Classification is the broadest term so far and describes any technique that can be used to predict the class/category of given data points. The most common example of a classifier is a spam detection program in email service providers which is used to filter spam emails out of your inbox and move them to the spam folder. This phase is concerned with using the results from training to determine what class the input data might belong to. The two types of classifiers are lazy and eager learners. Lazy learners compare the test data to the actual training data and output the most similar result whereas eager learners create a classification model based on the training data with can be used with all test data and incorporates all the characteristics of all the training data for every piece of test data.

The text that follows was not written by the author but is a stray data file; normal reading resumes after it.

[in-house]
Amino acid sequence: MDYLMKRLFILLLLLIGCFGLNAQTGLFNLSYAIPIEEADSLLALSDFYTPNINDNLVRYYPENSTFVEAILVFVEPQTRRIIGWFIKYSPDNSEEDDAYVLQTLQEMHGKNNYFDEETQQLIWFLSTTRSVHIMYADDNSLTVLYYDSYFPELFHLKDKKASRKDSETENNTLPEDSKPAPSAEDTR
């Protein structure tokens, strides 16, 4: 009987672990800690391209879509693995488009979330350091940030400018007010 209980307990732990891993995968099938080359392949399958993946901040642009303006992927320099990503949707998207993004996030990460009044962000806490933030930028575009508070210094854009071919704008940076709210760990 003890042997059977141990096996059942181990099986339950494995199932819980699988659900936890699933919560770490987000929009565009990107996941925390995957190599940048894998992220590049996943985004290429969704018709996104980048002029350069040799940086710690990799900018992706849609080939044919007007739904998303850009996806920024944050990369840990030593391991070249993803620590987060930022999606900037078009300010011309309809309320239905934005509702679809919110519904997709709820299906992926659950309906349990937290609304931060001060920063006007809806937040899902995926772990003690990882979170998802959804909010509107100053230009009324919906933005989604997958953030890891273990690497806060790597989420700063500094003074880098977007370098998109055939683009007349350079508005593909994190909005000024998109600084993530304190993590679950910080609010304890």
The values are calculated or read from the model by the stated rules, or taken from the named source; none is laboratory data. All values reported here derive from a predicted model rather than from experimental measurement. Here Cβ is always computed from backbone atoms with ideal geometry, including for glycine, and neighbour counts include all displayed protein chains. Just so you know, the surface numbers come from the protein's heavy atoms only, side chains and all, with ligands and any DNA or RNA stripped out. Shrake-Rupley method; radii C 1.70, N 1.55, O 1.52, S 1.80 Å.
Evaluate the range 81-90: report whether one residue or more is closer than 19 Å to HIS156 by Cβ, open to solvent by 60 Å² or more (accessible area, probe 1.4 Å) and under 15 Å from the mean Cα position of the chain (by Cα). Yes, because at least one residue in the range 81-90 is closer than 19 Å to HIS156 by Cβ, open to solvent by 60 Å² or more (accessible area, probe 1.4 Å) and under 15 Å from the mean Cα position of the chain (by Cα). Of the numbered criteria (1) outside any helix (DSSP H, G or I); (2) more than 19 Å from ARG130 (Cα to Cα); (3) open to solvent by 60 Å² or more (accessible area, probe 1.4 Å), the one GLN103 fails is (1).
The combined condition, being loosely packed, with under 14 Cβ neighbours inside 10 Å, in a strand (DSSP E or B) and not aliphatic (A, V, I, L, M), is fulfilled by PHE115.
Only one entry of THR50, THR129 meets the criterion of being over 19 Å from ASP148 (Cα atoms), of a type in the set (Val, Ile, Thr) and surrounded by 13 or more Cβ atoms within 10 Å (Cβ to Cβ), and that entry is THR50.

A simple classification algorithm is a decision tree where the only output tends to be a true or false statement and multiple questions are asked in order to determine which category the subject lies under. Modern classification algorithms are concerned with multiple possible states (e.g. brain states) and so decisions are made probabilistically. An example of a probabilistic classifier is Naive Bayes which uses Bayes’ theorem and certain assumptions about the data to produce the most probable state of the data point.